One of the key technical improvements to be funded will be having the journal’s outputs regularly indexed at article level  in DOAJ. 69% of the OA journals currently listed in DOAJ are indexed at article level, which means there’s room for improvement. OpenAIRE is eager to promote this article-level indexing in DOAJ as a standard that will result in more visibility for the global OA content production.

Another strongly recommended enhancement is the systematic inclusion of the funding and project information in the article-level metadata within the publishing platform. While this is already a requirement for OpenAIRE-compliant repositories (at least for EC-funded projects, i.e. FP7 and Horizon 2020), it is only very rarely happening in APC-free Open Access journals at the time, even when it’s a key aspect of the way the contextual information around a publication is collected and shared. This collection of funding and project information will in fact be key for identifying eligibility for this alternative funding mechanism.

We are very much looking forward then to collecting interesting funding proposals from APC-free Open Access journals and platforms in the next two months. Make sure to register for the May 12th webinar if interested in this funding opportunity!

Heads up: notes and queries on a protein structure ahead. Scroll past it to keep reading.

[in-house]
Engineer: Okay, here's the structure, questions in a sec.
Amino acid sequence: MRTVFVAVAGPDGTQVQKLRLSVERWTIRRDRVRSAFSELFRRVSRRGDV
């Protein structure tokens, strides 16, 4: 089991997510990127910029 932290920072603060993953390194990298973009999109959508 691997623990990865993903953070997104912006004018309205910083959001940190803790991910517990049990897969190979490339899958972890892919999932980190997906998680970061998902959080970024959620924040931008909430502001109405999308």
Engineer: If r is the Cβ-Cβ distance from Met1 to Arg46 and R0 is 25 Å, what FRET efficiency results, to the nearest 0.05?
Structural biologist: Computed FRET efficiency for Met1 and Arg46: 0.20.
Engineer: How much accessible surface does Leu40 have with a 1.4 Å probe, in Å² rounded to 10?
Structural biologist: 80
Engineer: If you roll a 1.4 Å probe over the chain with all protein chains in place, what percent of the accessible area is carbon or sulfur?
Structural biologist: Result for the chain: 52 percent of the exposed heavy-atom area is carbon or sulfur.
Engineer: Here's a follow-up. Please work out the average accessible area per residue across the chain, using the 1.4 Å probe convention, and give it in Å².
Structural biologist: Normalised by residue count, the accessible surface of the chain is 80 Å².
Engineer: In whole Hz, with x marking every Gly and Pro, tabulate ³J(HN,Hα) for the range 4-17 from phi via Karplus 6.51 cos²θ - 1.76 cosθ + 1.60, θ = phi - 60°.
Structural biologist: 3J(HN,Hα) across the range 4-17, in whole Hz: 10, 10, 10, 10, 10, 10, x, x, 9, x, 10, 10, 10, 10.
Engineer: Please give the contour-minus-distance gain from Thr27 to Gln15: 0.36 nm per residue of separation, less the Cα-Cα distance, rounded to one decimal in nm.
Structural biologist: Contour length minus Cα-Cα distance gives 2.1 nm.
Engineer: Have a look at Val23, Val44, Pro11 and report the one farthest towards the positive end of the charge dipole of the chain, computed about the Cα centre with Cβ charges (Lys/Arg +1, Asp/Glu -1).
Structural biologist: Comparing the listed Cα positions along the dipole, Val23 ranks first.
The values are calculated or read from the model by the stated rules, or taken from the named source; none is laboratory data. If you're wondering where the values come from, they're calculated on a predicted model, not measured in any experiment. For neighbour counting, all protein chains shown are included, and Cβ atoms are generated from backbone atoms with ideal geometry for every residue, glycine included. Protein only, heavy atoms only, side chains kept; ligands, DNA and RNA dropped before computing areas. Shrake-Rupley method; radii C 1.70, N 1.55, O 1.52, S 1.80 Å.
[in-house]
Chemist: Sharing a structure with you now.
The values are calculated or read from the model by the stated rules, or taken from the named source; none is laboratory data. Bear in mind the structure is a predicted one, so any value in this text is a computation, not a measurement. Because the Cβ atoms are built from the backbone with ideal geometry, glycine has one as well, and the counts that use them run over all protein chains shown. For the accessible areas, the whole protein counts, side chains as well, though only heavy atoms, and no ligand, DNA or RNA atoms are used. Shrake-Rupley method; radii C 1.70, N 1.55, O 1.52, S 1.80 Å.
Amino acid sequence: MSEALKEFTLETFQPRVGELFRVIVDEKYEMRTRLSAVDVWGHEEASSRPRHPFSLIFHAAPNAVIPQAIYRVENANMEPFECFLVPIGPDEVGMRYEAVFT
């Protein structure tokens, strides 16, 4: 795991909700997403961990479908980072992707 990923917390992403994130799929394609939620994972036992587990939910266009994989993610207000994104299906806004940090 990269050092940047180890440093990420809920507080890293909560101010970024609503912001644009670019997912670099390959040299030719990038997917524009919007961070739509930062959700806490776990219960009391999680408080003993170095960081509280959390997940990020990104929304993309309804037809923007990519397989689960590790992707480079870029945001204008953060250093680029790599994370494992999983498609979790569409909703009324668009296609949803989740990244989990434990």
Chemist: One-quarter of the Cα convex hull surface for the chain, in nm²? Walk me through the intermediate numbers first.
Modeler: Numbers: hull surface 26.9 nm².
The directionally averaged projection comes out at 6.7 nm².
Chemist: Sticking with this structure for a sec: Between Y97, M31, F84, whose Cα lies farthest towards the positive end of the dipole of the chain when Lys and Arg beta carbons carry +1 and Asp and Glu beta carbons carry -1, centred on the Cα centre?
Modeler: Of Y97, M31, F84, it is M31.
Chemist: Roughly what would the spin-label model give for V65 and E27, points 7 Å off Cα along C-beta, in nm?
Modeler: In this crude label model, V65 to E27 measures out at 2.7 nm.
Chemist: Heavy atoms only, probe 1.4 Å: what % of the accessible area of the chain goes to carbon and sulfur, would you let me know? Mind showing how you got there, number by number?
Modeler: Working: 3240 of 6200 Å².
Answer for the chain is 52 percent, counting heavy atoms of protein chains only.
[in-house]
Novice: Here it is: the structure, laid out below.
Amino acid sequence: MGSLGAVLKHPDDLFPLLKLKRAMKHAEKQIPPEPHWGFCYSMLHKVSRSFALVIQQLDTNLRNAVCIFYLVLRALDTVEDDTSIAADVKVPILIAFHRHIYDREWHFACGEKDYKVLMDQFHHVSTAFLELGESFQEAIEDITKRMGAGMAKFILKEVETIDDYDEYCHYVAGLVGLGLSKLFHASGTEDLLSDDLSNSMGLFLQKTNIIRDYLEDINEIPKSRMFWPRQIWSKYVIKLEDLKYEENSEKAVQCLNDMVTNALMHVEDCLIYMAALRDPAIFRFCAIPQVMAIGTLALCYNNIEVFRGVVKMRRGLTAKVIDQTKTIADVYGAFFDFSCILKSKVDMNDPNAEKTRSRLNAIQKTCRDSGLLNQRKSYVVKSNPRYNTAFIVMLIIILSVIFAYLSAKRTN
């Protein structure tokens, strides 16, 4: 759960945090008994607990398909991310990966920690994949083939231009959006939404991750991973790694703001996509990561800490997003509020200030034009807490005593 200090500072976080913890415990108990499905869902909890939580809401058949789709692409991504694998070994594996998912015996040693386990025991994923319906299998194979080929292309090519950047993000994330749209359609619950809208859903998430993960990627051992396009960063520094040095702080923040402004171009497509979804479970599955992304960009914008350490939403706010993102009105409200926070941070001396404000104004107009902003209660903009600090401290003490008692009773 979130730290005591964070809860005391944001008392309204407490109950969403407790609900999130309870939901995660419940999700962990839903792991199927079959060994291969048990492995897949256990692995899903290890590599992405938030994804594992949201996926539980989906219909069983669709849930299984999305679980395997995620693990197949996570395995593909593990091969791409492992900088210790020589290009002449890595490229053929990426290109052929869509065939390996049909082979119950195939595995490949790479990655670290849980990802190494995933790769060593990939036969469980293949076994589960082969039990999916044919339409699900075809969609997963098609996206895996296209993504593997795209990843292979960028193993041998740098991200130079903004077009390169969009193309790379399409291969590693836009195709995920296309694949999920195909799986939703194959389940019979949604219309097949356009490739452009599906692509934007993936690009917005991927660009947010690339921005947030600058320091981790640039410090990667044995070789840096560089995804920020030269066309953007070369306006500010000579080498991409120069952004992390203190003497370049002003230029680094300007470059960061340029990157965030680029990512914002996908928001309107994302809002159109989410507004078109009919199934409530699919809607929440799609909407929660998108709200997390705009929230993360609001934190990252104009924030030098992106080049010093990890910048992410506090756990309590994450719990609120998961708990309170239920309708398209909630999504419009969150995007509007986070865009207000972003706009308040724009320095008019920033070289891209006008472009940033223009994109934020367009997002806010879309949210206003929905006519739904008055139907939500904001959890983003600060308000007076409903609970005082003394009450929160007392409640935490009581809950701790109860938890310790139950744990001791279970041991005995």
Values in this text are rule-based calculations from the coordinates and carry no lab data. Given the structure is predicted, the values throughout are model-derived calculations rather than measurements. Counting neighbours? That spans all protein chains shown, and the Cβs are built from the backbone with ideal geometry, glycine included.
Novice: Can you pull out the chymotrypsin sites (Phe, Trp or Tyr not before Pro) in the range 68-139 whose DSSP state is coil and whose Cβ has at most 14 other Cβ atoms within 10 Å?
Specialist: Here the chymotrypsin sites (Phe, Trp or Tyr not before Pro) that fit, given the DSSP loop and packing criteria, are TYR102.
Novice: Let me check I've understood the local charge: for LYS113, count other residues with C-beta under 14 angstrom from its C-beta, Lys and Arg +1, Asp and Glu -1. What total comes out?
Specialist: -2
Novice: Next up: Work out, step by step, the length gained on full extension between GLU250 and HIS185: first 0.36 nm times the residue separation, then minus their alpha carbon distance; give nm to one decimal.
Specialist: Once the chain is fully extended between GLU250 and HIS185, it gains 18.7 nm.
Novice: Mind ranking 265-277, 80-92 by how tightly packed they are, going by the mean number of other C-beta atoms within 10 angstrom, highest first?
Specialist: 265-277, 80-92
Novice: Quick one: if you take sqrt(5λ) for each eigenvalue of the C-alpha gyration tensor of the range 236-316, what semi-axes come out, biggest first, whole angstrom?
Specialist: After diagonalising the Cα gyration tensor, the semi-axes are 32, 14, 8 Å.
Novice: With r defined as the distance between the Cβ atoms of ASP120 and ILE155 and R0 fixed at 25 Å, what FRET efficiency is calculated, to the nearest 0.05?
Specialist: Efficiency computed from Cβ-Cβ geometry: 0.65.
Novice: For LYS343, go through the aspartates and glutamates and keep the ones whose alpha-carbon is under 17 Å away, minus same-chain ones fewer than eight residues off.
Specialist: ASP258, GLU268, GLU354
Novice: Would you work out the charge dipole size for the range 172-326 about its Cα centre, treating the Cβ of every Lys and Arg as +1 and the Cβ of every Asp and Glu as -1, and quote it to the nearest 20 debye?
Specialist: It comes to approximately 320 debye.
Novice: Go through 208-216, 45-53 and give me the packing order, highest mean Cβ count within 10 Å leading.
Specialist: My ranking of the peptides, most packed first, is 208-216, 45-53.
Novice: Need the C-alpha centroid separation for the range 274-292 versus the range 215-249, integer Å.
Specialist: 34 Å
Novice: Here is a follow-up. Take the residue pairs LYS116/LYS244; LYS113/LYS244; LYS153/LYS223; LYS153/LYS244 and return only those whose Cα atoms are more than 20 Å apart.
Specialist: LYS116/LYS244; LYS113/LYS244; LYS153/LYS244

Knowledge Exchange report on Open Access dependencies

Knowledge Exchange have today released a report highlighting the dependency on key non-commercial services in OA and the importance of ensuring their sustainability if the OA policies developed by institutions and research funders are to be successfully implemented.

DOAJ and SHERPA are named in the report as the two most important services in the OA community that require support from funders in order to operate sustainably in the long term.

Further information is available at Review of Open Access Policy Dependencies and the full report is available at http://repository.jisc.ac.uk/6269/10/final-KE-Report-V5.1-20JAN2016.pdf.